Also, the group we insult has the right to fire back and say whatever they want in return. This is how it happens, how social media gets filled with passive-aggressive shots at other groups, whether it’s slamming people who like video games or people who post pictures of their children OR people who post pics of the dinner they’re proud they made. Sadly, the list goes on and on. And I for one have had enough.
 
I encourage you to speak your mind. Always respect yourself. Just please, respect other people as well. If you hate eating green apples, that’s cool. Just remember that if you proclaim that anyone who loves green apples obviously don’t have a good education, you will eventually meet someone who eats a green apple every day, and they will be smart, real people, people with feelings that get hurt. They care for their families, work, go to school, or go to the grocery. They take the bus and walk their dogs. They’re normal, good people, and to say that all people of any one specific group are out of touch or immature, well, that’s shooting yourself in the foot. You don’t actually know every single person who loves green apples, and therefore you are unable to accurately make such an extreme blanket statement.
 
Okay, so when you said that all people who read books are boring, you didn’t mean that literally – it’s just something people say, right? Here’s a reality check, though; Words can hurt. That’s why our mothers told us to watch what we say, because we’re billions of beings sharing this tiny sphere that’s located somewhere in the Milky Way Galaxy. There are enough awful things happening everywhere, things people are doing to kill others.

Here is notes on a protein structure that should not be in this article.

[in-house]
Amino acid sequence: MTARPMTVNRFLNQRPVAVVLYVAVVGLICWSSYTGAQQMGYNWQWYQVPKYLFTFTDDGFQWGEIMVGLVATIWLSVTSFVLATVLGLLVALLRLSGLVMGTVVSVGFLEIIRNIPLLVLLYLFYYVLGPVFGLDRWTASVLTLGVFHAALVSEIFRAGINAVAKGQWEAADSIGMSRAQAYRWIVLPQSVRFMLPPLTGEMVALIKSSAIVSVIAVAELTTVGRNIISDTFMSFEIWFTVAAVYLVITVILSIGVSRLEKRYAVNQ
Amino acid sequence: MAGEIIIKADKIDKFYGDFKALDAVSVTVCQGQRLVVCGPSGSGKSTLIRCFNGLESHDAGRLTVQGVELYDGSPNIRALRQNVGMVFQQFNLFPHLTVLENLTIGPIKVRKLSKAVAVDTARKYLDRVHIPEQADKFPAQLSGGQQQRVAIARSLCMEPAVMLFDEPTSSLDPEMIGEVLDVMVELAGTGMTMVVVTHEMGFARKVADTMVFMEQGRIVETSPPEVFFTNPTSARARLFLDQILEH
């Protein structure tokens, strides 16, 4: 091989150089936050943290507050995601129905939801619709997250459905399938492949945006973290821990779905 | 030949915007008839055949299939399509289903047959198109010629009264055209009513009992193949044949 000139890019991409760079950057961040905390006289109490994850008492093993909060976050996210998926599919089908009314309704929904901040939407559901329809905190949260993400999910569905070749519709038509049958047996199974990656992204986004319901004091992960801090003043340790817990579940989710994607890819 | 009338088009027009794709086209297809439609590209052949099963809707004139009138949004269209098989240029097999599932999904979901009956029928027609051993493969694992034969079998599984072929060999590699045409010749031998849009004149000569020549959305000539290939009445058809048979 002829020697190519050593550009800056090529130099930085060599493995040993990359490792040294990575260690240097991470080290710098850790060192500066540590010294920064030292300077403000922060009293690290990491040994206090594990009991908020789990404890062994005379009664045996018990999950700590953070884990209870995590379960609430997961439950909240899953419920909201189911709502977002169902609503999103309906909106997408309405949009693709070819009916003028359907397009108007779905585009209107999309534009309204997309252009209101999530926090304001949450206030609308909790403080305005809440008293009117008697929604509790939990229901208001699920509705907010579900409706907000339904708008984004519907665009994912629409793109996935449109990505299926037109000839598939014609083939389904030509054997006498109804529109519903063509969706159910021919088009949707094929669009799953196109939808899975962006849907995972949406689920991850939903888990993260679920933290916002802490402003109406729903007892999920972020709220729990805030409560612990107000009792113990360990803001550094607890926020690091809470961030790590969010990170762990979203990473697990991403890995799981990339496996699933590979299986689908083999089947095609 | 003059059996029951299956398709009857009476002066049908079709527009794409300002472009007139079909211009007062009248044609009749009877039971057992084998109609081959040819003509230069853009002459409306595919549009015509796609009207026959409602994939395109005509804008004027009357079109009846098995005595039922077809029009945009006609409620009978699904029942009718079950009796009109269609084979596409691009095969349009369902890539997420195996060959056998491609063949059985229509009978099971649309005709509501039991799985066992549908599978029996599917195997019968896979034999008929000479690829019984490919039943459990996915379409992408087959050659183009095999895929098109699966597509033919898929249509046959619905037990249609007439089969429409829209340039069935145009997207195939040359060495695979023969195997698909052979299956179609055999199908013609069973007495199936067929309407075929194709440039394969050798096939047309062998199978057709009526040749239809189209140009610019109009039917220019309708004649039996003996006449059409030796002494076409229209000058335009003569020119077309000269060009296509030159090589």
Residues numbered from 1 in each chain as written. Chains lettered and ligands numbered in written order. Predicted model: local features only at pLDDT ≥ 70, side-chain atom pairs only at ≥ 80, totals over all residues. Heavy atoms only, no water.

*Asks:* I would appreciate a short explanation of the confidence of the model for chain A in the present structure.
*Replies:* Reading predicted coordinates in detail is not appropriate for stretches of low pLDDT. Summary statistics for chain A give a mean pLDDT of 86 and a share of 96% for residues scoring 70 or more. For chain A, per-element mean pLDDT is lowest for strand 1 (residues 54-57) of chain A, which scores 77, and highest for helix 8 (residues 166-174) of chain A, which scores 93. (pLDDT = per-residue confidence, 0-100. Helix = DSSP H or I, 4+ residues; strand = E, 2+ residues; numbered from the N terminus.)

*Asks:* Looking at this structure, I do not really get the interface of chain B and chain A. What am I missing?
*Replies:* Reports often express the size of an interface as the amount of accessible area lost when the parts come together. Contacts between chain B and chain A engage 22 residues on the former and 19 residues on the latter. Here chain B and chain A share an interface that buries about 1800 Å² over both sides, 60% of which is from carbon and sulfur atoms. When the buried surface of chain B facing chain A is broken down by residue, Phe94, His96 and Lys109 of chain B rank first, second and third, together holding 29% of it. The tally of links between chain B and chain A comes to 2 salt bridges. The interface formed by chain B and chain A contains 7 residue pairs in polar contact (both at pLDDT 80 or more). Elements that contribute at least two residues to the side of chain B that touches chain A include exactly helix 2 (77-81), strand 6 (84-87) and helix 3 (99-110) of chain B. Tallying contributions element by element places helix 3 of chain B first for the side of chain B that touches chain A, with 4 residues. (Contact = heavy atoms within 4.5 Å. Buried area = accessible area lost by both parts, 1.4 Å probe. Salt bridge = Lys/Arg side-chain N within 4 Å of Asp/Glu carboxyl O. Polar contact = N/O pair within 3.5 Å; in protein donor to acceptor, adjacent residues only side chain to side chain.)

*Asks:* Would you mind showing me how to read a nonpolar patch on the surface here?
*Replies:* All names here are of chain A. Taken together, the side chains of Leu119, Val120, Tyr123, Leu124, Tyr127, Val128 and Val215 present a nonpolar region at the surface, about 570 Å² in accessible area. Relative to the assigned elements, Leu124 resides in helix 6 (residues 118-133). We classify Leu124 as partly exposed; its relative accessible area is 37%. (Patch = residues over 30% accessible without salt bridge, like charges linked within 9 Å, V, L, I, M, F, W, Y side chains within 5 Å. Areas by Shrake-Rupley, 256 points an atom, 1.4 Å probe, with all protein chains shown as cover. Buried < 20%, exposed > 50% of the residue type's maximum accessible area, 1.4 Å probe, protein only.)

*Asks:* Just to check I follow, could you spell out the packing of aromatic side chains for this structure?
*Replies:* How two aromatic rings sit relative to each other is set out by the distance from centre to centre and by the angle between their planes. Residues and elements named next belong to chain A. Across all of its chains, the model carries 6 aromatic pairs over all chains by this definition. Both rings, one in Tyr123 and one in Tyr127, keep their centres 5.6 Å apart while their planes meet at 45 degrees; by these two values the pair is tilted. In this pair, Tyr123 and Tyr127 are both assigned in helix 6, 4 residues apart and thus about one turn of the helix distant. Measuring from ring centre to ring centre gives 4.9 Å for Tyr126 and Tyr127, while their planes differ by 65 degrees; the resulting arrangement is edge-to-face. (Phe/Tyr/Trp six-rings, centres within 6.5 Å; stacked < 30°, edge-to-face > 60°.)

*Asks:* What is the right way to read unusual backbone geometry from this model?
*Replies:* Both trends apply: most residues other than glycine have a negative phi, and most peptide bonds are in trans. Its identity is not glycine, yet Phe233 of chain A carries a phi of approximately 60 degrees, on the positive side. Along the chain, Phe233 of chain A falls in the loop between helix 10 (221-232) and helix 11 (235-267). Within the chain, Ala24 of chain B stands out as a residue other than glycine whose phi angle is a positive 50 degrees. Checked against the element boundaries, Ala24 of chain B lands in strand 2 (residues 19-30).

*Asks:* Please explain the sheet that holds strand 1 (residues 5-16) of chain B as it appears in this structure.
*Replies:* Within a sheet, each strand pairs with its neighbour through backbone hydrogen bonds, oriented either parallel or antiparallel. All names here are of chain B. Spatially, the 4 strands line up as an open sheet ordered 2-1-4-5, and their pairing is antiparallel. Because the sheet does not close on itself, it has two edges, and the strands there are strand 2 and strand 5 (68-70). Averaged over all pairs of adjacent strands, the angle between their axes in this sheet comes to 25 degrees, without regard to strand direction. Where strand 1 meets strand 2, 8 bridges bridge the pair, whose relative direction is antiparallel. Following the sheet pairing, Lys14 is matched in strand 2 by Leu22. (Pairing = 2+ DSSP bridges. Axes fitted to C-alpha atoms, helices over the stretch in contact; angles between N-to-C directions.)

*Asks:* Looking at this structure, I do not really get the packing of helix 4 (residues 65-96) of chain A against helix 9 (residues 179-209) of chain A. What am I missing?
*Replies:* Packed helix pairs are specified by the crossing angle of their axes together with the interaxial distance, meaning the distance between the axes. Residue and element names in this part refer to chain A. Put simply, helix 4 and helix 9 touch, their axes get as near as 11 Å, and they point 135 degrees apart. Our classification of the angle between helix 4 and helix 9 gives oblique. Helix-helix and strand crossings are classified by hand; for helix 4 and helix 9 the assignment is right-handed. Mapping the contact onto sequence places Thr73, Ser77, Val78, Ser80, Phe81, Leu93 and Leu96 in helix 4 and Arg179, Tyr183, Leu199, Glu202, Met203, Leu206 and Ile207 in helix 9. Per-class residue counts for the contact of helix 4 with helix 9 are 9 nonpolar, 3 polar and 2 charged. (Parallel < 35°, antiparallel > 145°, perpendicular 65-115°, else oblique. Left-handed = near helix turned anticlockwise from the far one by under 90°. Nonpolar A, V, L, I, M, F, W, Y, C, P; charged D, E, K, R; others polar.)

I understand it’s dramatic to compare one meme to wars and senseless shootings, but they really are connected. When we create or share these hurtful quotes, we’re perpetuating this ideology that it’s okay to slam other people… as long as we can get approval from our friends or total strangers. In case you hadn’t guessed it, this is not okay with me, because guess what? By creating these unofficial online cliques, we are making even more people feel as if they don’t belong, and while arguably that isn’t our problem, why in the world would we purposely create even more lines that divide us?
 
I’m not talking about healthy competitive sports, so let’s not make that assumption. I’m writing very specifically about unnecessary slander, and honestly, these are things that we probably don’t think twice about before posting and sharing. Maybe you don’t REALLY think all cat-lovers are jerks; you were just thinking about your next-door neighbor when you laughed at that post and shared it.
 
Just do me a favor, if you would. Think one more time and read that funny or clever meme carefully before you share it. That’s all. If even one hurtful feeling could be spared, then it’d be worth it.

Love, Me